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Takeaways from Bucs Loss Against Chiefs | Week 4

Top notes from Sunday’s clash with the Kansas City Chiefs

Takeaways Week 4 Chiefs

Despite a surge in the fourth quarter following a Sean Murphy-Bunting interception, undisciplined play by the defense sealed the Buccaneers' fate on their home field at Raymond James Stadium. In the highly-anticipated Super Bowl LV rematch, the Chiefs imposed their will. Tampa Bay now sits at 2-2, with a two-game losing streak entering Week Five of the NFL season. As evaluation commences following the team's 41-31 loss, here are the top takeaways from the Bucs' Week Four matchup with Kansas City.

Offensive Catalyst Mike Evans

Mike Evans returned to the lineup against the Chiefs after fulfilling a mandatory one-game suspension for his part in an on-field altercation with the Saints in New Orleans. Evans became the offensive catalyst and go-to target for Tom Brady. He quickly encapsulated the clichéd 'welcome back' phrase by becoming the Bucs' greatest offensive contributor between the hash marks in the prime-time slotted matchup.

With the Bucs down by a 21-3 deficit in the second quarter, Evans made his presence known. Against the Chiefs' two-high shell, Evans exploited the middle of the field for a gain of 30 yards. Four plays later, he gave the Bucs their first score of the night. Evans split two safeties, Brady threw a perfectly timed dart and the veteran receiver hauled in a 13-yarder in traffic to make it a 21-10 game. Evans spearheaded the unit, concluding the game with eight catches for 103 yards and a touchdown – giving him the franchise's all-time lead in yards from scrimmage.

"It's a huge blessing," Evans said. "Honestly, I didn't even know I was even close to that, but it is a huge blessing, and we'll just keep on tacking onto it."

As the most prolific offensive player in Buccaneer history, Evans now has 9,546 yards from scrimmage, breaking the previous record set by James Wilder. No. 13 led the Bucs' aerial attack and provided a spark in Week Four.

Lackluster Running Game

In an uncharacteristic turn of events in Week Four, the Buccaneers finished with three rushing yards – the second-lowest single-game total in franchise history. Leonard Fournette, the team's featured back, concluded the night with -3 yards on the ground on three attempts and rookie Rachaad White finished with six yards on three attempts – predominantly contributing in the passing game out of the backfield. Throughout the course of the night, the Bucs' offense picked up steam through the air, but Byron Leftwich's crew never achieved success on the ground. Right tackle Tristan Wirfs provided insight following the game on the team's mindset moving forward.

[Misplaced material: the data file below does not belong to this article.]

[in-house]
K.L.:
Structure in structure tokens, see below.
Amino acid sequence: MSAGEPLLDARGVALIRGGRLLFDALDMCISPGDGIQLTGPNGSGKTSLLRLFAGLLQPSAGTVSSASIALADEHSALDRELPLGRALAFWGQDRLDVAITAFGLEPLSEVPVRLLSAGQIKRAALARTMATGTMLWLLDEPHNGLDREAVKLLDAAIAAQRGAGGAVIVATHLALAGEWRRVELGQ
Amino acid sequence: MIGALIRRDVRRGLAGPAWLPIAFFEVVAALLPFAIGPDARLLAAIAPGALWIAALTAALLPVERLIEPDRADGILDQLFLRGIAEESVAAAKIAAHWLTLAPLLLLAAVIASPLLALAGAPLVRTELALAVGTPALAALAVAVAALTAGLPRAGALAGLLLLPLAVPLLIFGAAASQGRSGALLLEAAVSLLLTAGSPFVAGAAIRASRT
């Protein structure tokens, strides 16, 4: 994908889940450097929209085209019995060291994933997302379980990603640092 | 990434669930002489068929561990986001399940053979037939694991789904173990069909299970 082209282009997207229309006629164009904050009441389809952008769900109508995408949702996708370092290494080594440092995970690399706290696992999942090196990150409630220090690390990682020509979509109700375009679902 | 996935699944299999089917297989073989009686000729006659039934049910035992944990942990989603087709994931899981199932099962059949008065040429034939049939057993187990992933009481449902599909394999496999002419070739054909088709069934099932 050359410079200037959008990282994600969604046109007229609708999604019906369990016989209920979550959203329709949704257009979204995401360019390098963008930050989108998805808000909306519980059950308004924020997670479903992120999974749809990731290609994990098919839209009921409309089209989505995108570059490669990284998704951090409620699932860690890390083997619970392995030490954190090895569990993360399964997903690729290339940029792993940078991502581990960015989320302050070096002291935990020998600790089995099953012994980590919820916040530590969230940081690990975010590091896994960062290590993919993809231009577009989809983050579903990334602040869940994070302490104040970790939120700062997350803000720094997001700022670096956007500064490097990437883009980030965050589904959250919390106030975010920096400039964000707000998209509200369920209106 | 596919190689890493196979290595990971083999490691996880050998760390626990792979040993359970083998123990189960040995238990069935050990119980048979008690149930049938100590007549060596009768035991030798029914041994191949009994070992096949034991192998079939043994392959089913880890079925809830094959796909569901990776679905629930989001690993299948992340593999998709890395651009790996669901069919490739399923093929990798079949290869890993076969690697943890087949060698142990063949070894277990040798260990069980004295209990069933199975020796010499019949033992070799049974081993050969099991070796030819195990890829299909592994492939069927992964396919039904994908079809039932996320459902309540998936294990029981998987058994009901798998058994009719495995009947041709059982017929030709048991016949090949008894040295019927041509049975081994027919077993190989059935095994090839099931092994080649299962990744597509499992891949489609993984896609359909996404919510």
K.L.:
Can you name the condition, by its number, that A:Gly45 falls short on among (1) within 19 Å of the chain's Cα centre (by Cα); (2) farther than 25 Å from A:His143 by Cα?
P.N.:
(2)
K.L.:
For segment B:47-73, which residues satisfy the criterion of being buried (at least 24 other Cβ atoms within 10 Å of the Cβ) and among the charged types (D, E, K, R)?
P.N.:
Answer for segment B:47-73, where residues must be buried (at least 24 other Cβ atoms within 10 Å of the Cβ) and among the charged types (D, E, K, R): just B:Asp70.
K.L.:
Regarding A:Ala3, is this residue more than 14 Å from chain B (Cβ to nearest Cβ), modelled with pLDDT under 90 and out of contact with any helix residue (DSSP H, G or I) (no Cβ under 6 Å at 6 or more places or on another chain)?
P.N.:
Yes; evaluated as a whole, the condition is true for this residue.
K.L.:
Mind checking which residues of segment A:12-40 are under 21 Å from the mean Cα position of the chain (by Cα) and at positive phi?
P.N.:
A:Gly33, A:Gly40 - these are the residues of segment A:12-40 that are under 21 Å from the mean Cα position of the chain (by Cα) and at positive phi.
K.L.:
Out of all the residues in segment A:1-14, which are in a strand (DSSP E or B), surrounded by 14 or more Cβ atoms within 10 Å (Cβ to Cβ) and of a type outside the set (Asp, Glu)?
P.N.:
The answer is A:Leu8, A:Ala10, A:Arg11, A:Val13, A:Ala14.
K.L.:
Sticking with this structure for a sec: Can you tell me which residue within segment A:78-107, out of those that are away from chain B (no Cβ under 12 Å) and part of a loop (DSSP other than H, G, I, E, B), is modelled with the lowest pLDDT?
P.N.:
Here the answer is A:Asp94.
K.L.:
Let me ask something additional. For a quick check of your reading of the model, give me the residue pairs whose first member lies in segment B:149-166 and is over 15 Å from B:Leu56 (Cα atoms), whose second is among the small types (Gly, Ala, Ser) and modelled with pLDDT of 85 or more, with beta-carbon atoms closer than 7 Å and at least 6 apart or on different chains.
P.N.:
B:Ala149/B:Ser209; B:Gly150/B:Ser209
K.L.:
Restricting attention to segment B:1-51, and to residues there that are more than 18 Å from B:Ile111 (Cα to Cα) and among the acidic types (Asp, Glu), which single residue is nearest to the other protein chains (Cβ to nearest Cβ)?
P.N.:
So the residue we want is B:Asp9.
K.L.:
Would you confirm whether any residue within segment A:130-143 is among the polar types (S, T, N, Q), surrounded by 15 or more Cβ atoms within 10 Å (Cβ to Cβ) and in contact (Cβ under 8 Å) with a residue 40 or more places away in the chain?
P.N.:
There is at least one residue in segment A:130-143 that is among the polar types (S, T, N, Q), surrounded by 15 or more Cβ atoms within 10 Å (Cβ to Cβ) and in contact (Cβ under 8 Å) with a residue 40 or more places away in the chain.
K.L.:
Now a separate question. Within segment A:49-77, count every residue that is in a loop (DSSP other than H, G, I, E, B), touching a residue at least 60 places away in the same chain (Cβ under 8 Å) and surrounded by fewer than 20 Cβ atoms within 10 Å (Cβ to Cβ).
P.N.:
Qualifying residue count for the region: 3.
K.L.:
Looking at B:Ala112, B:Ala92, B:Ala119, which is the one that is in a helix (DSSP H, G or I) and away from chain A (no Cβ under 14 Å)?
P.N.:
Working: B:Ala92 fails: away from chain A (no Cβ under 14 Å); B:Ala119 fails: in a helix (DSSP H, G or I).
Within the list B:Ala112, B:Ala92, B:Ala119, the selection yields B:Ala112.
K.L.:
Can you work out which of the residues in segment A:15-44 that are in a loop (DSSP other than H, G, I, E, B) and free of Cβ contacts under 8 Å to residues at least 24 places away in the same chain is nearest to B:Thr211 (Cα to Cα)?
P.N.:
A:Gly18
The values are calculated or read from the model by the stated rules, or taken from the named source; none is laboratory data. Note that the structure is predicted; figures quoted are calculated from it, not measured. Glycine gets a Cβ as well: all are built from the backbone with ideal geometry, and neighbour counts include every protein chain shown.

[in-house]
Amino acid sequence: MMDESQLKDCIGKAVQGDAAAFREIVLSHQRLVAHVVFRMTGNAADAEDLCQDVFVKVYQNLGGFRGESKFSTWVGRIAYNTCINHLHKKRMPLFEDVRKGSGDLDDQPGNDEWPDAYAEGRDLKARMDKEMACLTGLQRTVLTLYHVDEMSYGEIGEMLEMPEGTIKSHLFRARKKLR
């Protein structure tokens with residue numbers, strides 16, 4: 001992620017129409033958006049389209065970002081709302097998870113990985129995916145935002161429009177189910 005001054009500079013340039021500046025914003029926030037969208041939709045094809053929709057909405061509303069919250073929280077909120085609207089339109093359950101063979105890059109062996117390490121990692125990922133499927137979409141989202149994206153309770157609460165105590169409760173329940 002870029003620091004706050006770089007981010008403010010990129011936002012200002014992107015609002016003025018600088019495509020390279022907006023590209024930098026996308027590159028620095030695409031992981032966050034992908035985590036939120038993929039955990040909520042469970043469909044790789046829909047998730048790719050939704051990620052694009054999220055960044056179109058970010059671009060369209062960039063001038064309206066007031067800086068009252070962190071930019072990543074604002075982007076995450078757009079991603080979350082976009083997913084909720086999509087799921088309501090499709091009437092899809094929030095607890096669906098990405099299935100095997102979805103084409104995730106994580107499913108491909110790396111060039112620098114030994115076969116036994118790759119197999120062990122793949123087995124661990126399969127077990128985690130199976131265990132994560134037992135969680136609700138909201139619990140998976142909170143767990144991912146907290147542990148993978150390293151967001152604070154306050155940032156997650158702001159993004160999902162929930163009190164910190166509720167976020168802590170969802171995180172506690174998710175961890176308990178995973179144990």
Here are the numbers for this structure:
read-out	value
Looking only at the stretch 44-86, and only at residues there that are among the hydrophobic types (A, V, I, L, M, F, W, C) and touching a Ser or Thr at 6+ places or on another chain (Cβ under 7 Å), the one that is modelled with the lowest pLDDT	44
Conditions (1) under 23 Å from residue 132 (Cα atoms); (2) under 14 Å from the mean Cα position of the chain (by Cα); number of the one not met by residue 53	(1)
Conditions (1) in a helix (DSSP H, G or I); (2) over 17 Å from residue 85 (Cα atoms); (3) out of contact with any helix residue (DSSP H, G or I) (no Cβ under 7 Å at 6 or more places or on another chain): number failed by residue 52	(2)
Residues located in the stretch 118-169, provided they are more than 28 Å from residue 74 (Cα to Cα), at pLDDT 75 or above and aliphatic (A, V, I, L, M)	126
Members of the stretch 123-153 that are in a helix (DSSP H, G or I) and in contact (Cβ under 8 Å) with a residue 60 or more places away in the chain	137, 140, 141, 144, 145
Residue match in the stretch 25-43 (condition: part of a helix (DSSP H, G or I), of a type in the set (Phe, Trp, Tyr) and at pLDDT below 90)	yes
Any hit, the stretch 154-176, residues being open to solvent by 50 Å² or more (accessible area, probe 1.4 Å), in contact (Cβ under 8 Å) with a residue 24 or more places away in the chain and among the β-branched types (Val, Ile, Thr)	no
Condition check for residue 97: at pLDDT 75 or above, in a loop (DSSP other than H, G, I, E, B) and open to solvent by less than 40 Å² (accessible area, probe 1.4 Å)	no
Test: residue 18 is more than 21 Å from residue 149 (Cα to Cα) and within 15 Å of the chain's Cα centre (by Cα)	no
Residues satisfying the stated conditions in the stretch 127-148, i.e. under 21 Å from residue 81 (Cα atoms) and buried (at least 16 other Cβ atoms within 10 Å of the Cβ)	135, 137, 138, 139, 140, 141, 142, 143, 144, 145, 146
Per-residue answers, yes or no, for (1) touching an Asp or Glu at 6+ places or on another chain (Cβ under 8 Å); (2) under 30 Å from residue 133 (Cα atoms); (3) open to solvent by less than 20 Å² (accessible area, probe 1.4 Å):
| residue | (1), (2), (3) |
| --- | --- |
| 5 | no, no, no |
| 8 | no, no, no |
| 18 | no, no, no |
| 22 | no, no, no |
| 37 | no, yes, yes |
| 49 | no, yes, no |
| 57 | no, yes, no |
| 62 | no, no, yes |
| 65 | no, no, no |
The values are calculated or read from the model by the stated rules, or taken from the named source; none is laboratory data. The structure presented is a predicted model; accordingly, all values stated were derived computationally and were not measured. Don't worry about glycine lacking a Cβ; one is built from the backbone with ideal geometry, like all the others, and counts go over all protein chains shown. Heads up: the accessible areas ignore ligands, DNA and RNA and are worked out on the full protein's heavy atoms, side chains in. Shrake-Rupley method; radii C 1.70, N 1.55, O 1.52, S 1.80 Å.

"I feel like we're getting hats on hats – we just have to keep finishing and staying on guys," Wirfs stated. "It's kind of like riding a bull, it's an eight-second ride, you have to hold on as long as you can. We'll keep having our Friday run meetings and making sure everyone is on the same page: us, tight ends, running backs, receivers even. We had some success [on the ground] Week One so hopefully we get back to that and get things moving in the right direction."

Defensive Woes

Tampa Bay's defense, which entered the game allowing a league-low 9.0 yards per game, could not find answers for Patrick Mahomes and his favorite target over the middle of the field, Travis Kelce. Kelce made significant contributions on third down, extending drives for Kansas City by boxing out defenders on underneath/intermediate routes. The Buccaneers surrendered more points against the Chiefs than they have in any single game since Todd Bowles arrived on the scene in 2019 as the club's defensive coordinator. The Chiefs concluded the ballgame converting 12-of-17 third-down attempts. Tampa Bay could not effectively set the edge to contain Mahomes, who consistently evaded pressure by utilizing vacated gaps to scramble and thus creating more time to release the ball downfield.

"We didn't play well," Bowles described. "They did a good job, and they kicked our butts all over the field. Turnovers had nothing to do with it, we have to play situational football if they do get it down there and hold up three, at least. Our red zone defense was poor, our run defense was poor, our pass defense was poor, our third-down efficiency was poor, and we played a poor game and that falls on me. I'll take that…You name it, we did it. Missed tackles, missed run fits, missed assignments. You know, bad calls. You name it, we did it."

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